Retiring before the normal retirement age will affect your pension. Here are the key points to consider.
Calculating your bridge benefit
If you retire before age 65, your pension will include a temporary monthly payment called a bridge benefit.
This benefit is designed to bridge the gap between your early retirement income and your income after you turn 65, which may also include Canada Pension Plan and old age security benefits. The bridge benefit ends when you turn 65 or die, whichever comes first.
The bridge benefit is calculated as follows:
0.7% x (lesser of previous year’s maximum pensionable earnings [YMPE] or highest average salary) x pensionable service
For example, if you retired in 2016 at age 60, with 25 years of pensionable service and earnings averaging $67,000 in your five highest salary years, your bridge benefit is calculated as:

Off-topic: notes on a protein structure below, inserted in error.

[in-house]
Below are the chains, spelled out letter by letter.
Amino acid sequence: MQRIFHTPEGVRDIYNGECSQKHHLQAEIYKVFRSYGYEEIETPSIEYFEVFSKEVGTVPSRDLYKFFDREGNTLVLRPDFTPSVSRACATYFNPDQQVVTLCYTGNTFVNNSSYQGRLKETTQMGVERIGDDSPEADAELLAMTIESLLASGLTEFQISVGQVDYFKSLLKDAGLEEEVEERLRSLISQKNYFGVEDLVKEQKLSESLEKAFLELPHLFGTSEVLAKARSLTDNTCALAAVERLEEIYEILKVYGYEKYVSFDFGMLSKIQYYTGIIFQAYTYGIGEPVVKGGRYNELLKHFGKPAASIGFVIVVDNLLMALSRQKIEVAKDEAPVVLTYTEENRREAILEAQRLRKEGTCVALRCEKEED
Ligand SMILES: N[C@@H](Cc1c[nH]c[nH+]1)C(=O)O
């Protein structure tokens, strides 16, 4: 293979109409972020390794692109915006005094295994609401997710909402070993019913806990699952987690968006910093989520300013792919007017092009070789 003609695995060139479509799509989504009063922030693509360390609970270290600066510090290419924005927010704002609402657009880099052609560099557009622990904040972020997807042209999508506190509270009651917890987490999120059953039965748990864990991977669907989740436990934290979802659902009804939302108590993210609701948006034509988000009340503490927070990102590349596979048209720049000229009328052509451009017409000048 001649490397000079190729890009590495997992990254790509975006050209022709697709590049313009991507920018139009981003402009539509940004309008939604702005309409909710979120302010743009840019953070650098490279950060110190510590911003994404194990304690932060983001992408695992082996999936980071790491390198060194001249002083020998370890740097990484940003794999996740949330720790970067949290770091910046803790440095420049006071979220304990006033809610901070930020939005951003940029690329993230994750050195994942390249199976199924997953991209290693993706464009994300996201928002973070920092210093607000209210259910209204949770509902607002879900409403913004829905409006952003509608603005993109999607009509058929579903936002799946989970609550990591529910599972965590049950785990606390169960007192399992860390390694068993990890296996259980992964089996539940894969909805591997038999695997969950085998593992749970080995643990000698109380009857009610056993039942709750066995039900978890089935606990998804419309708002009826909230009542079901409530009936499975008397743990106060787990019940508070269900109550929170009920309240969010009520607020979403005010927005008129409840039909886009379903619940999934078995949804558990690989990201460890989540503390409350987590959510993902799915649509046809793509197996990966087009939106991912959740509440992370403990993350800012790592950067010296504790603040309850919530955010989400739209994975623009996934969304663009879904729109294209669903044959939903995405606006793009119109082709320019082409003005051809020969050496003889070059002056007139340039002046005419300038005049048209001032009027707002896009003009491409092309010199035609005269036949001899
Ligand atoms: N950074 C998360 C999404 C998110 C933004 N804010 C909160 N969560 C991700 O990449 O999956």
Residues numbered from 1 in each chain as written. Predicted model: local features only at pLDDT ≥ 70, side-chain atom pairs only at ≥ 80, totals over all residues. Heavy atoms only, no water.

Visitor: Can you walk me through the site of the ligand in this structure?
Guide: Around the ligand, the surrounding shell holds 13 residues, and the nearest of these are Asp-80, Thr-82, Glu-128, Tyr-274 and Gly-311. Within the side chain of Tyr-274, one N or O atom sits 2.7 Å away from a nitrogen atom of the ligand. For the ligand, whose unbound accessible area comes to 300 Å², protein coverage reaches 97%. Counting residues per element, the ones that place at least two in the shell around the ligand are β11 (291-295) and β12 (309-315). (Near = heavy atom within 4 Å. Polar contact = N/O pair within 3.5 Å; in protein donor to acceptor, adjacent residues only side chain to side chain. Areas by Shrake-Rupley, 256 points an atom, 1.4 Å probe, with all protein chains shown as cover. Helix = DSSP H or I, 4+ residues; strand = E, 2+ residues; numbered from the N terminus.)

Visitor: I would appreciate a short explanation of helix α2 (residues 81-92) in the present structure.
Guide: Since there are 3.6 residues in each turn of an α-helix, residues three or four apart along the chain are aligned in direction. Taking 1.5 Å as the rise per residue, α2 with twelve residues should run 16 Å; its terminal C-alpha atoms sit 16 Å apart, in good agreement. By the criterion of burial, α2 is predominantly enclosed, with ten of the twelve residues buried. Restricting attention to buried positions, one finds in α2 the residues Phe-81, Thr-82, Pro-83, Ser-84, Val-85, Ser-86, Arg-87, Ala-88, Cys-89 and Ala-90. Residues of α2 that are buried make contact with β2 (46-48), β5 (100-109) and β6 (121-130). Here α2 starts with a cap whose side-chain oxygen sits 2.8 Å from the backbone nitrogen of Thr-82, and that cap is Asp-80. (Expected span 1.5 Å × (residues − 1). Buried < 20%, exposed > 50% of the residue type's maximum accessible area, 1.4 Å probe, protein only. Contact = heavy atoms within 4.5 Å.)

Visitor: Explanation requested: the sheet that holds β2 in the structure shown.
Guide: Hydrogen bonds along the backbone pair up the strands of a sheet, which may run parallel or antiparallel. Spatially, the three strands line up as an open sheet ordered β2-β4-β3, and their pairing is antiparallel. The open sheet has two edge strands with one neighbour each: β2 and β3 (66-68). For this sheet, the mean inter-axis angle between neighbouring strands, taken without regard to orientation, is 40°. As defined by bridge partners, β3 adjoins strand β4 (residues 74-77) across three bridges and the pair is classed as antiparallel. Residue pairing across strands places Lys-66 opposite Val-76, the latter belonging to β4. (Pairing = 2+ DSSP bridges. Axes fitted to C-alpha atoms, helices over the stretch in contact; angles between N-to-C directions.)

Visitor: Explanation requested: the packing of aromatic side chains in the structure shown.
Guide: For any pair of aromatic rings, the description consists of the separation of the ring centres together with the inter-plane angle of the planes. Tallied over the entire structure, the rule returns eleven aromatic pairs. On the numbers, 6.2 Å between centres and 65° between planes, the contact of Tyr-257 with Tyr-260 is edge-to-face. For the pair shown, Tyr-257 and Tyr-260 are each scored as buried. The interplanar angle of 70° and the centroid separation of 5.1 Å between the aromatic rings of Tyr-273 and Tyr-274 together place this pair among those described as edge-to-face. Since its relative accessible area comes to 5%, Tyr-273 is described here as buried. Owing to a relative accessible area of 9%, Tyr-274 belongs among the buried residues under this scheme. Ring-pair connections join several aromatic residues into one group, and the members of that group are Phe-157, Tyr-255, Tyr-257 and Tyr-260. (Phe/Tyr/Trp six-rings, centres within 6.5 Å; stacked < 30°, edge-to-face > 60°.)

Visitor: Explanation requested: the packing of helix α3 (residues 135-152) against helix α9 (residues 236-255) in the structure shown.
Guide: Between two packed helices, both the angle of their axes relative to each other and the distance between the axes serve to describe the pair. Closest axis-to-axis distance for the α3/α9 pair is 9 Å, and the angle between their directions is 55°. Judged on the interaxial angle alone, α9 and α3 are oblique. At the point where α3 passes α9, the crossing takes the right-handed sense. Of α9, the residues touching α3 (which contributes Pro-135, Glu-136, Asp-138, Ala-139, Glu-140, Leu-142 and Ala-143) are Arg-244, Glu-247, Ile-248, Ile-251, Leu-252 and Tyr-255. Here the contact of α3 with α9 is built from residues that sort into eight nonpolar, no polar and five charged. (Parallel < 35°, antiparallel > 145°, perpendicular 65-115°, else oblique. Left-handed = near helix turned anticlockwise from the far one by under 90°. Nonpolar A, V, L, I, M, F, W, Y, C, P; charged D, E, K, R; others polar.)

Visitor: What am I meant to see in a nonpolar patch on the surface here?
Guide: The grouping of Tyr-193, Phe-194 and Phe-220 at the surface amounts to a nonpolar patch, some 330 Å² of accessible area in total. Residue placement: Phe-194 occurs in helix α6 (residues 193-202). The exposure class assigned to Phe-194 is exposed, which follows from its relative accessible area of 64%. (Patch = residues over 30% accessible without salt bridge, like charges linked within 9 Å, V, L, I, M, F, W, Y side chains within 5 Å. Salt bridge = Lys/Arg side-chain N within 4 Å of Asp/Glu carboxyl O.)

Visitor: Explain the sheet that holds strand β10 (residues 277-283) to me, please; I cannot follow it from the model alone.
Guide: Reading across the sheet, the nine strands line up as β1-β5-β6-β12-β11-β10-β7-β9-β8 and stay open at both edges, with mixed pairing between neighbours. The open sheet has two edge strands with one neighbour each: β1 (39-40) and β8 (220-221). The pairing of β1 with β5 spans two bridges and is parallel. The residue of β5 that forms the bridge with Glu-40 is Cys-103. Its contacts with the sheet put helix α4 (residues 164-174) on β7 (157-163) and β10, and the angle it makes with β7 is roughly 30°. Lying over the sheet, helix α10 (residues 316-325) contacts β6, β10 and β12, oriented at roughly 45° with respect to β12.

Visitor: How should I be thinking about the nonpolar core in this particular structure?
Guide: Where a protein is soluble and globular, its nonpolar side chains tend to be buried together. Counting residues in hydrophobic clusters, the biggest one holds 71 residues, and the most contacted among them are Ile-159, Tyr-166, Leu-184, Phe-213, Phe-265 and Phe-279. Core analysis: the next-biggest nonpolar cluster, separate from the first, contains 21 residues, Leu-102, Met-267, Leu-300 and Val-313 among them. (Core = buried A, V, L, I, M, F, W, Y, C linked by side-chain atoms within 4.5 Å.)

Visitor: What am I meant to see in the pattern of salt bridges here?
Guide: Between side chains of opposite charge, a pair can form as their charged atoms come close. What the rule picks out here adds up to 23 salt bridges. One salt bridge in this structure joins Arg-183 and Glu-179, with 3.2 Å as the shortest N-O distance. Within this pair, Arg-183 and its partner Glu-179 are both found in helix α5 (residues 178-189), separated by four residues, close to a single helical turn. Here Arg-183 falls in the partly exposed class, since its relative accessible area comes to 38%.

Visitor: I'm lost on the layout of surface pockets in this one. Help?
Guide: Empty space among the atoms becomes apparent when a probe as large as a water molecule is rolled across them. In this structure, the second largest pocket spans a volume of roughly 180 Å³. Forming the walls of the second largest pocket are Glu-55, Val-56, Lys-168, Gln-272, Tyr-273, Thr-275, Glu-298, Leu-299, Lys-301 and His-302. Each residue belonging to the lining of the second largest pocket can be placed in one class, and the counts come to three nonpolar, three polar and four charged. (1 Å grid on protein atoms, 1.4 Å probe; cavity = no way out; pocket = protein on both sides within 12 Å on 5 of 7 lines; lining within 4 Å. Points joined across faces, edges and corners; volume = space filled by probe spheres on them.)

0.7% x (YMPE for 2015 of $53,600) x 25 = $9,380
This means that you will receive a bridge benefit of $9,380 annually on top of your basic pension until you turn 65 or die.
The bridge benefit may increase because of an annual cost-of-living adjustment.
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What is the year's maximum pensionable earnings?